- A modestly improved end to a difficult year for new car sales as they rose 3.4% year-on-year in December. This was only the fourth month of last year that achieved a year-on-year increase in sales.
- Nevertheless, new car sales declined 2.4% over 2019 to 2,311,140 – the weakest level since 2013 and a third successive drop from a peak level of 2,692,786 vehicles in 2016. New car sales in 2019 were 14.2% below their 2016 peak level.
- The hope for car manufacturers is that December’s small rise in sales is the harbinger of better times to come. In particular, the car sector will be hoping that in 2020 the uncertainties surrounding the economy will be diminished by the decisive General Election result and the UK leaving the EU with Boris Johnson’s deal on 31 January. This should encourage businesses to step up their fleet purchases and makes consumers more willing to splash out on big-ticket items such as cars.
- Consistent with this hope and encouragingly for the car sector, GfK reported a spike in consumer confidence after December’s decisive General Election result with an increased willingness to make major purchases.
- New car sales were hampered by a number of roadblocks through 2019 – consumer and business caution over making major purchases, sharply reduced demand for diesel cars amid environmental concerns and uncertainties over policy, and stricter emission regulations affecting supply. A further hit to the sector has come from the removal of incentives to buy plug-in hybrid vehicles.
- Private new car sales were particularly weak over 2019, being flat in December and falling 3.2% over the year. Consumers have recently appeared largely cautious in making the major big-ticket purchase of a car amid major domestic, economic and Brexit uncertainties despite recent improved purchasing power and elevated employment. In fact, the fundamentals for consumers have recently shown some slippage from the peak levels seen around mid-2019 although they are still pretty decent.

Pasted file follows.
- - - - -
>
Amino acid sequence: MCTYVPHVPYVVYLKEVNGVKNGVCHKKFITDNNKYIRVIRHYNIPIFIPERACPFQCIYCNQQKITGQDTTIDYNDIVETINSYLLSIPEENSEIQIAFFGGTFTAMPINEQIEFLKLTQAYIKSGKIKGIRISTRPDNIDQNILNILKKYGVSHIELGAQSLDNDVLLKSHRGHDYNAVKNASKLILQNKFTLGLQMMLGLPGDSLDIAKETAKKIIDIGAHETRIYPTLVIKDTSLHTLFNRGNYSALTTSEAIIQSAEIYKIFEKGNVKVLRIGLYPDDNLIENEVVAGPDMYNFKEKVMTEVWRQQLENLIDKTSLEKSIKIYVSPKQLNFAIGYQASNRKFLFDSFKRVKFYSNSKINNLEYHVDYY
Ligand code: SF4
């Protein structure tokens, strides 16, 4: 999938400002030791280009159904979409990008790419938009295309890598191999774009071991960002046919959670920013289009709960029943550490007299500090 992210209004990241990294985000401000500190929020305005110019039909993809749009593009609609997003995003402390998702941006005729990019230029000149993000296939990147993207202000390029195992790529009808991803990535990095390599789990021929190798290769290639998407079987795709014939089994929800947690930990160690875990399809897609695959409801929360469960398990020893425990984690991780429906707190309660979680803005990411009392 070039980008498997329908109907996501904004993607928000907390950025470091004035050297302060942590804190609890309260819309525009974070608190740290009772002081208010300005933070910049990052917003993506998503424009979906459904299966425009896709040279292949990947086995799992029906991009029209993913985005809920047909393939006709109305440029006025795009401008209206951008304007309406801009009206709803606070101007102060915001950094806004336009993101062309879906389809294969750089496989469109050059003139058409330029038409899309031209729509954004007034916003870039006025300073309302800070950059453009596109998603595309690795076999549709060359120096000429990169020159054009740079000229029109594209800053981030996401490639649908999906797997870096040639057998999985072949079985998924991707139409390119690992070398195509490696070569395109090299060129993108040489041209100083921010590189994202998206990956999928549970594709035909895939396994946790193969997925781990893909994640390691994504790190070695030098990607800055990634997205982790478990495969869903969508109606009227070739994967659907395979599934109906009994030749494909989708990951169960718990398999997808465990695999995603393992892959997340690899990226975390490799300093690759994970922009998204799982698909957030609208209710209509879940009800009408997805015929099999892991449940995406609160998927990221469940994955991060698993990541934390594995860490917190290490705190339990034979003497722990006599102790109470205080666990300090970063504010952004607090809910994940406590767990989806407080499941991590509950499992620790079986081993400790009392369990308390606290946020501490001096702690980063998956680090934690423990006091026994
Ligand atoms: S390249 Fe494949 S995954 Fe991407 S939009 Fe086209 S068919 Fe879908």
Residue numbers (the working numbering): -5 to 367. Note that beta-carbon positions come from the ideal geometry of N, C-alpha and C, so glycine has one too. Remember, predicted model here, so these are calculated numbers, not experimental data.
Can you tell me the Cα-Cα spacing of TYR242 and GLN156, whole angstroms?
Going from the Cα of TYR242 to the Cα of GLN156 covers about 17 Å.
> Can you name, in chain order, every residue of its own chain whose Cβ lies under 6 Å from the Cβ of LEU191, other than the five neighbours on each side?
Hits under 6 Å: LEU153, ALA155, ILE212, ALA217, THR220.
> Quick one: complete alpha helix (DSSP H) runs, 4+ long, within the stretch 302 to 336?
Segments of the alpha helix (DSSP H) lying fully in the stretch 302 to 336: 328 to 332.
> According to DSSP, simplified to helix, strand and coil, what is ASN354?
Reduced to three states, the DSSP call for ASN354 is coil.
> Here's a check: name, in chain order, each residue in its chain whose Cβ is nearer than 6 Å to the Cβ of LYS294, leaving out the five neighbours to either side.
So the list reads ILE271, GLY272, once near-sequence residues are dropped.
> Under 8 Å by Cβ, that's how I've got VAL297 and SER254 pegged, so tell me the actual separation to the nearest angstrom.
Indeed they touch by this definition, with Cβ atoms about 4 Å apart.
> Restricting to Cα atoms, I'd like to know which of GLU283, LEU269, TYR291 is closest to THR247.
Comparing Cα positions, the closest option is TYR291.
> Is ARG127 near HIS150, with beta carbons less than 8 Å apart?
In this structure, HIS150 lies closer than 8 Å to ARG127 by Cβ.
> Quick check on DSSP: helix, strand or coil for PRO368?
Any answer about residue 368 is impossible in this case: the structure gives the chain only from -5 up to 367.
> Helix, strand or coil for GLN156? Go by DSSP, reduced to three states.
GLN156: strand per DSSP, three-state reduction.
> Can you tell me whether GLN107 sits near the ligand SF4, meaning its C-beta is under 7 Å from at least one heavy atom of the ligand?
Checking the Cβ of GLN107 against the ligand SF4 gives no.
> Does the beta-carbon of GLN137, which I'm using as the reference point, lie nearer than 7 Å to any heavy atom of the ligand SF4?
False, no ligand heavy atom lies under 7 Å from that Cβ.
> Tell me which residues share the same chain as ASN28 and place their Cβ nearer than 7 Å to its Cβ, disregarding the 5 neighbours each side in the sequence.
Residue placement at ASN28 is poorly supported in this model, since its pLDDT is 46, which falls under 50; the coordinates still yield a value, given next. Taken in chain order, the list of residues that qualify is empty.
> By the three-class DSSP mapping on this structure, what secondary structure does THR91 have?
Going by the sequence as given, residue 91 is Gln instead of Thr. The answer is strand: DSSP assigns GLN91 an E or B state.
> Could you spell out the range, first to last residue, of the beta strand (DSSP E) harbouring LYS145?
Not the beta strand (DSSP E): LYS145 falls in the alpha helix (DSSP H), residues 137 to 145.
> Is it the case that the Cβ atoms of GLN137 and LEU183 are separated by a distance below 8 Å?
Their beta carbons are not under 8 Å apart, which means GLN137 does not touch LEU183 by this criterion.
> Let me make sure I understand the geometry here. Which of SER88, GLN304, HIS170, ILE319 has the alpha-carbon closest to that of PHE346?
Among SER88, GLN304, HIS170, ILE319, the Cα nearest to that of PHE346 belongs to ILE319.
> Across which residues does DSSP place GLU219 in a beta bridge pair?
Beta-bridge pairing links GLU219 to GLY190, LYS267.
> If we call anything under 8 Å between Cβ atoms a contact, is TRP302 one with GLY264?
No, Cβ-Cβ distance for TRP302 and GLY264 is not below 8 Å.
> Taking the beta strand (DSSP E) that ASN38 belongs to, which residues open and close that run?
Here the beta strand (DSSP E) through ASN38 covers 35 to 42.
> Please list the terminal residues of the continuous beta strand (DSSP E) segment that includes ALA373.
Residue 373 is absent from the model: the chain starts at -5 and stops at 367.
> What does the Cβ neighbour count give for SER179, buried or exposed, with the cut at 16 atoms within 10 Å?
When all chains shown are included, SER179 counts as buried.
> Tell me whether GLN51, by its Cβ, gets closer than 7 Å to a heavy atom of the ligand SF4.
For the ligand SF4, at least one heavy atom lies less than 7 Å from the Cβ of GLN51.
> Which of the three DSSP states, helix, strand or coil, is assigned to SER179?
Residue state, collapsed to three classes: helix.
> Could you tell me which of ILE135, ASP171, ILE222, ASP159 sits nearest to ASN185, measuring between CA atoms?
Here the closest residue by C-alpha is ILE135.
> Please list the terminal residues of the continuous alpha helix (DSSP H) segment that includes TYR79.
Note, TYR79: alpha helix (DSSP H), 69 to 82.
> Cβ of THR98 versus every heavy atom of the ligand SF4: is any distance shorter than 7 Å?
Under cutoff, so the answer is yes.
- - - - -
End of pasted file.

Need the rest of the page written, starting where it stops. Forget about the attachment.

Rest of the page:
- Fleet sales were the strongest sector in December, seeing a gain of 7.3% year-on-year. This could be due to some fleet operators wanting to replace vehicles after holding off for some time. It is also possible that fleet sales may have had a lift from manufacturers offering large discounts in an attempt to shift stock ahead of the more stringent CO2 targets, which come into effect in 2020.
- Businesses overall still appear to be cautious over making new car purchases as they are faced by a soft economy together with heightened Brexit and domestic political uncertainties. A number of businesses may well be delaying the replacement of their fleet vehicles. They could well be further encouraged to do so until there is greater clarity over the domestic political situation and Brexit. However, with Brexit uncertainties likely to be appreciable through 2020 and the domestic and global economic outlook challenging, businesses may remain cautious over their fleet purchases.
- UK car manufacturers have been particularly vociferous about the damage to their supply chains and prospects that would come from a "no deal" UK exit from the EU. However, car manufacturers may be concerned about exactly what form the UK’s longer-term relationship with the EU will take and the possibility that a transition arrangement could expire at the end of 2020 without the UK and EU coming to agreement on the way forward.
Howard Archer, chief economic advisor to the EY ITEM Club, comments:
“The SMMT reported that new car sales rose 3.4% year-on-year to 148.977 vehicles in December. This was only the fourth monthly year-on-year increase in new car sales achieved in 2019 and followed drops of 1.3% in November and 6.7% in October.
“Consequently, new car sales fell 2.4% over 2019 to 2,311,140 vehicles. This was the weakest year for car sales since 2013, and a third successive drop from a peak level of 2,692,786 vehicles in 2016. Indeed, new car sales in 2019 were 14.7% below their peak level of 2016.
“The automotive sector may take some solace from new car sales ending 2019 with a small rise. The sector can also take some hope from strong demand for alternatively fuelled vehicles, which took a record 7.4% share of the market in 2019.